X-Men: Apocalypse

A Middle Aged Movie Blog. Being the periodic journal of a film loving middle aged independent science fiction writing father of two and his ongoing adventures in cinema and home video


Started the weekend with a viewing of X-Men: Apocalypse (2016) and was surprised to find that though the film is off in terms of its pacing, the villain is a bit one dimensional and there’s an over reliance on computer generated effects to bulk out key action sequences, it isn’t the total and utter car crash I’d anticipated. My personal benchmark for rubbish will always be X-Men: The Last Stand (2006), a film I still haven’t forgiven for undoing all of the good work the first two X films did. In comparison, this one isn’t so awful. That said, on the strength of Apocalypse, not sure there’s much more the studio can do with the series moving forward. Very likely it’s run its course and that Logan (2017) was the high-water mark. Seems like the tide is going out and the series has run out of stories to tell. There will be a last gasp death rattle no doubt, but all the signs of franchise fatigue are there. Directed by Brian Singer. Starring James McAvoy, Michael Fassbender, Jennifer Lawrence, Oscar Isaac, Nicholas Hoult, Rose Byrne, Tye Sheridan, and Sophie Turner.

Watched Us (2019) at the cinema over the weekend too. Took a bit of time to get my thoughts in order. Jotted a few notes down. Notes jotted are as follows:

Us = One-part home invasion doppelgänger horror, to two parts satire on the obscenity of privilege. Full on weird at times. Wonderful atmosphere of foreboding. Excellent and challenging for long periods. Some strong performances. Lupita Nyong’o is particular hypnotic in the dual lead. Some well-judged horror sequences though never unnecessarily excessive. Neat twists, or rather, some impressively orchestrated narrative misdirection. Uniquely creepy. Thought provoking. Well shot. Oddly discomforting. A marvellous sophomore feature from Jordan Peele whose genre chops at this point are well and truly established.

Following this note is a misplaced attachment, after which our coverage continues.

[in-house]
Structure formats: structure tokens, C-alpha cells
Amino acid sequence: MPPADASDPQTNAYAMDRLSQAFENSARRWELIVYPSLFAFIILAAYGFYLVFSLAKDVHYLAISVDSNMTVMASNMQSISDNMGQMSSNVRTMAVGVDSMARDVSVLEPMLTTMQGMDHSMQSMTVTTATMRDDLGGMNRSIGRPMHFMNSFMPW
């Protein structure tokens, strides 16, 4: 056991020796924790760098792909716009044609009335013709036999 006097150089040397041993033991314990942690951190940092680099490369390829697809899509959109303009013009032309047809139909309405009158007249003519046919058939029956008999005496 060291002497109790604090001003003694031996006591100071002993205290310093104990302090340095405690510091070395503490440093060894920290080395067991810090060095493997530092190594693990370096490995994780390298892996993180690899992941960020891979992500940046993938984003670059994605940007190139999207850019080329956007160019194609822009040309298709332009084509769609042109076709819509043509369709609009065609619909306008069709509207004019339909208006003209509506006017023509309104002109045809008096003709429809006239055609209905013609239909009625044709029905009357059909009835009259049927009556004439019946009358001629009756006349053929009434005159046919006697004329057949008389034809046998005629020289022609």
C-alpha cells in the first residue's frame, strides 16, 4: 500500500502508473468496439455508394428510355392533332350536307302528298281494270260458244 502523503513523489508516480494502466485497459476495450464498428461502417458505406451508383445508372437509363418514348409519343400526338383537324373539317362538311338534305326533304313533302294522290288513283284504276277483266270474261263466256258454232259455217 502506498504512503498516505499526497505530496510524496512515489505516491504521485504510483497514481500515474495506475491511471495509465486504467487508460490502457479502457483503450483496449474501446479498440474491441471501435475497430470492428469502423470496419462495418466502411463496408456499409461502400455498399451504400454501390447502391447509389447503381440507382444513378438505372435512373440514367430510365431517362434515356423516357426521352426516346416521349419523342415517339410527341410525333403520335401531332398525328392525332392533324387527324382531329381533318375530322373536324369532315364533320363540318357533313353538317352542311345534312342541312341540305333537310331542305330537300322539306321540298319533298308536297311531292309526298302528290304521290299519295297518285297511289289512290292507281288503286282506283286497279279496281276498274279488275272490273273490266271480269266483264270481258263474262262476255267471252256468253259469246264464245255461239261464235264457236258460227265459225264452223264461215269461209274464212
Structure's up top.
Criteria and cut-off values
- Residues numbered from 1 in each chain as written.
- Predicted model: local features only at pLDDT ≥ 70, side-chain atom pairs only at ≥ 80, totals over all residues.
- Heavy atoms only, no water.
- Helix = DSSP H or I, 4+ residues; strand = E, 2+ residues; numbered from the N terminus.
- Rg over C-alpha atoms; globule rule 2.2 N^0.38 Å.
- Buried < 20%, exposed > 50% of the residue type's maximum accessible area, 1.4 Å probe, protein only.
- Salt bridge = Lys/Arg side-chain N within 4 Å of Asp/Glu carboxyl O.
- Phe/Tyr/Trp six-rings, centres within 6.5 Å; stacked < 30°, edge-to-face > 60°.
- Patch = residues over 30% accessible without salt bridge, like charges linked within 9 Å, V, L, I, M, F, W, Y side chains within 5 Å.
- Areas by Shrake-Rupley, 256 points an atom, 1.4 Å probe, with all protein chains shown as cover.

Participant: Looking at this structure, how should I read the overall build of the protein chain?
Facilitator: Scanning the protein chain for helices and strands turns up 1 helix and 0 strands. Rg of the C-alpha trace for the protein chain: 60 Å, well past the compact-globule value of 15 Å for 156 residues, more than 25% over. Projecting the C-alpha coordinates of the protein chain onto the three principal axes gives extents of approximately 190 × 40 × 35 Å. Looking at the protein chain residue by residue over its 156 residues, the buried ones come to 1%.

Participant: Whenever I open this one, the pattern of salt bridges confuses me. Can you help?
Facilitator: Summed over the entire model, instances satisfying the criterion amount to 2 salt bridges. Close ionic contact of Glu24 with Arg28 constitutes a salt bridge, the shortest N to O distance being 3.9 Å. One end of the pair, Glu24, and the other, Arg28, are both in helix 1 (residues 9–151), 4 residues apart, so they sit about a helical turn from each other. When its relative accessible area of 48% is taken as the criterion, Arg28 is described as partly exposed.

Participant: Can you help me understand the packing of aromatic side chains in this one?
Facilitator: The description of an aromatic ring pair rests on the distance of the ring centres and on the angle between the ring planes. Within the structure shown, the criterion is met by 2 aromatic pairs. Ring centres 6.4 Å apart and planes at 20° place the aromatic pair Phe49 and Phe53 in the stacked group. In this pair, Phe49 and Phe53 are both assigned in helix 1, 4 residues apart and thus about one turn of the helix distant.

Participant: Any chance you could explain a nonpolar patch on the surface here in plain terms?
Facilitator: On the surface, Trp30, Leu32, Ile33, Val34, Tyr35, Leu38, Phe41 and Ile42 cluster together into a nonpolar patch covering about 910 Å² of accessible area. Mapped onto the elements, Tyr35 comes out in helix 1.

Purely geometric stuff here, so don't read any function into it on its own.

Note to self:
Scissors are way scarier than they have any right to be in this movie and I will never look at a pair the same way ever again.

Sat and watched The Outlaw Josey Wales (1977), Clint Eastwood’s revisionist post Civil War Western which is basically the story of the titular protagonist, a man whose family are murdered in war time, who finds himself fighting on the losing side, then on the run across a tumultuous American landscape scarred by conflict in which the disparate peoples of a nation coming to terms with a burgeoning National identity struggle to find purpose in the aftermath of war.

By turns an unflinching and rough-hewn account of one man’s Autumnal Odyssean journey toward redemption, as well as being a searing indictment of the futility of conflict, specifically the Vietnamese war, the film retains much of its power and humour 40 years on from its original release.

Philip Kaufman was originally slated to direct the picture, but Eastwood had a falling out with him and took over directing duties. The film is quintessential Eastwood as a result. Big themes of family, the west, violence and politics intermingle and fuse into a wonderfully judged whole. Starring Sondra Locke, Chief Dan George, Bill McKinney, John Vernon and Sam Bottoms.

Plumped for Hotel Artemis (2018) tonight, the debut feature from director Drew Pierce. The film is a sleazy John Wick style dystopian thriller, that takes place for the most part, in a rundown medical facility for injured criminals 10 years into the future.

The John Carpenter vibes are knowing enough to qualify as homage, whilst the smart photography, retro synth soundscape and faded Art Deco setting of a once glamorous hotel interior make up for the film’s lack of substance. Add to that a cool cast fronted by Jodie Foster’s alcoholic agoraphobic Nurse and what you get is an incredibly violent, occasionally funny, entirely atmospheric b movie treasure. Starring Jeff Goldblum and Zachary Quinto.

Suffering horribly as a result of a weekend of Giorgio Moroder live and the Craig Charles Funk and Soul night at Band on the Wall in Manchester. Was going to go watch the new Laika movie and take a trip to the rugby, but my aching bones won’t countenance the idea, so I’ve spent the morning checking out decent cinemas online, purchasing a copy of the Back to The Future soundtrack for my son and considering whether to head out to CEX on a bargain DVD hunt. Might just grit my teeth and suffer my way through the 1000th home screening of Frozen with the daughter, a Disney feature I wasn’t overly keen on the first time I watched it, and which I don’t feel has grown on me in the intervening years.

X-Men: Apocalypse
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